Many of you will be aware that a firm of lawyers successfully sued one of their clients who posted a review on Trustpilot - for those of you who are interested the full sorry saga is here.
But today we are focussing on Trustpilot's response, nearly two weeks on (so far - they are currently yet to finalise whatever action they may or may not take).
The story so far...
The customer/client posted this review:
The business - in this case a firm of solicitors - took the reviewer to court and won (£25,000) for 'loss of earnings directly attributable to the review in question.' Trustpilot was ordered to remove the review.
So what other action has Trustpilot taken?
They posted this on the business's listing:
We appreciate that this may be hard to read on some platforms, so here are the key points:
- 'Please be aware that this business has taken legal action against a consumer for a review...'
- 'We strongly oppose the use of legal action to silence consumer’s freedom of speech. As a public, open, review platform we believe strongly in consumers having the ability to leave feedback - good or bad - about a business at any time, without interference.'
- 'This is the first time we’ve seen a business taking such extreme measures against a consumer voicing their genuine opinion. The vast majority of businesses on Trustpilot engage with their consumers or use our flagging tools to report content and resolve their issues.'
- 'Unfortunately, we are required to remove the review which was the subject of the legal action. We are exploring our options to challenge this decision.'
- 'The business’ actions have resulted in media attention and this profile has seen a significant increase in reviews that don’t reflect an experience with the business.'
Trustpilot is no longer accepting reviews on the business, pending 'further investigation'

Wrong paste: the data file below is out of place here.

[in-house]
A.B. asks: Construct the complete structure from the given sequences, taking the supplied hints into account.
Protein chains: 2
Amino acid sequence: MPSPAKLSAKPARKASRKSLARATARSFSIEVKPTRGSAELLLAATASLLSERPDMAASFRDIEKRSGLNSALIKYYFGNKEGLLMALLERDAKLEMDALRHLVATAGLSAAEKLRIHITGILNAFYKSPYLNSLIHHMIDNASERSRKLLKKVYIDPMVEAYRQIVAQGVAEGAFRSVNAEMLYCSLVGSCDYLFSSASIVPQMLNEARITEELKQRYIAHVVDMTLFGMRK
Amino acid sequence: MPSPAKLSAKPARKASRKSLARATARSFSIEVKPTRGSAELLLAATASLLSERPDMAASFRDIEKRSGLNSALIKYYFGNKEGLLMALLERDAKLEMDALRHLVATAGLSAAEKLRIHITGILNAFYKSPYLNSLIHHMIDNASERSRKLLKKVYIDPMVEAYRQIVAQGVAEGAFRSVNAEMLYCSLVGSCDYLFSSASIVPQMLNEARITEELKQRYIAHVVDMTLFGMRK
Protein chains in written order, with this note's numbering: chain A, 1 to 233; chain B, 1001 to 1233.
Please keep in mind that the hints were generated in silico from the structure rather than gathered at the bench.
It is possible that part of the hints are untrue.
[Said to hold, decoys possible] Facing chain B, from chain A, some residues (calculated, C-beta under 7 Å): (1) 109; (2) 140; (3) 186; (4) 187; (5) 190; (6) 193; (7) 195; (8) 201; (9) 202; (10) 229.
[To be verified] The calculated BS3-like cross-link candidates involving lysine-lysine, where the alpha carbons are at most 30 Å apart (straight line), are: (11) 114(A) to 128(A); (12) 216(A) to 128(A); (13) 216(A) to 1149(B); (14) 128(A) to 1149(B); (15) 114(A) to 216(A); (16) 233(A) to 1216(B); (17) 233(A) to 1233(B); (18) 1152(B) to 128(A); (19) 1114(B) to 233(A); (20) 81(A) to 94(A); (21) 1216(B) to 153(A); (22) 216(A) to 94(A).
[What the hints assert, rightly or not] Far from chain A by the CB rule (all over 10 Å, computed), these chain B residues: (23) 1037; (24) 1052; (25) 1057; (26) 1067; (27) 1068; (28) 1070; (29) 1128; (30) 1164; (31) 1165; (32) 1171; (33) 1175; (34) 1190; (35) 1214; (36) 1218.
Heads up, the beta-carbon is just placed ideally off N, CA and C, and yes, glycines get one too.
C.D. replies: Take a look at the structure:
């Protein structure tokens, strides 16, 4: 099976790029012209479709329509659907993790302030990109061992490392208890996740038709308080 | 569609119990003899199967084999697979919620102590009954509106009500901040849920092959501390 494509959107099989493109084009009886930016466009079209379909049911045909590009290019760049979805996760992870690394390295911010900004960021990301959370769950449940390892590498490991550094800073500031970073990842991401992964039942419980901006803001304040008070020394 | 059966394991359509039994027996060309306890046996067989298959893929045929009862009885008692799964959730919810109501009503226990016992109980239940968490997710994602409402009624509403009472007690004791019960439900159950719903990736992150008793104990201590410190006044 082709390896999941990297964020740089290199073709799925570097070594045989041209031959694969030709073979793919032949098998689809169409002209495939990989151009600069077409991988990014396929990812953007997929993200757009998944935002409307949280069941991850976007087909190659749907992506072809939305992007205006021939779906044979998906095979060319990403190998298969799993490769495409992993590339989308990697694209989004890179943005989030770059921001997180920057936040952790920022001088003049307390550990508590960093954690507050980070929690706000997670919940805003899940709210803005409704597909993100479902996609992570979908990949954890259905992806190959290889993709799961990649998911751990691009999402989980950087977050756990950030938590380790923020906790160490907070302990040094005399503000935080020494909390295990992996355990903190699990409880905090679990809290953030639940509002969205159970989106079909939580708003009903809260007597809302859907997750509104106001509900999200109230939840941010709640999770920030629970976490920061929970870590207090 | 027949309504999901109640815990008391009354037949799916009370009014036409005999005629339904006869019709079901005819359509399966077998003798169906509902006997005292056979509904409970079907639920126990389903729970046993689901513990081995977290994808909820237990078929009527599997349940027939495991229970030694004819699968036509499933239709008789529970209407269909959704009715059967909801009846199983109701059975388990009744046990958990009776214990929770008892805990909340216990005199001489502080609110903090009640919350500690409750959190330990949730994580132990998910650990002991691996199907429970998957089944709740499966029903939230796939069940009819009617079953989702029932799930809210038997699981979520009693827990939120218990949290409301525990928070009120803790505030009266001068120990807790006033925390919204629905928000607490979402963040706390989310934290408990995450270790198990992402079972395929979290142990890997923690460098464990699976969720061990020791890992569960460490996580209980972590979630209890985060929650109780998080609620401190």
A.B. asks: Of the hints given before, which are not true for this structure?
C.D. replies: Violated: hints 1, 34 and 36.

But the following reviews remain on the business's listing:
The above is almost certainly - to our eyes anyway - written by the person who wrote the original contentious review.
This is obviously written by someone who has no experience of the business whatsoever, aside from reading about the legal action on the BBC website.
Here is the business's Trustpilot score returned in search as of today:
We would like to make the following points:
- The court made its ruling and award on the basis that the single negative review had caused a fall-off in inquiries of nearly forty percent
- This shows the power of a single negative review
- So why would Trustpilot allow the second review by the reviewer in question to remain of the business's listing?
- And why would they allow the 'review' by 'Chris' to remain?
- If the forty percent drop in business as a direct result of the one negative review is true, and the court certainly believe it to be so, what impact will a 'frozen' listing containing the two reviews shown above - as well as the dreadful score in Google search - continue to have?
- Review sites where there is no right of appeal - or the right of appeal is somehow dependent upon paid membership - should be outlawed by the Competition and Markets Authority
- Selling the services of a review site predicated upon negative reviews from unverified customers should likewise be outlawed
- Reviews that are patently written by those with no first-hand experience of the business should be outlawed
- It should be made compulsory to explain to potential clients of reviews sites that there is a free alternative to the core services: review and display of reviews, provided by Google
- Reviews sites should not be allowed to promote the suspension of negative reviews 'pending proof of purchase' as a benefit of paid membership
And a final word of caution...
Do not, whatever you do - and however tempting the pitch may be - fall for any business with the words 'reputation management' in its 'About us' tab. We have a file full of horror stories of upselling, freemium schemes and long-term lock-in contracts. Businesses with pre-existing negative reviews are manna from heaven for so-called 'reputation managers'.
At HelpHound we don't expect any of our clients to sign any kind of term contract; if we have worked for a business for two years - or even ten years - it's because we produce the goods. They are all free to leave at any time.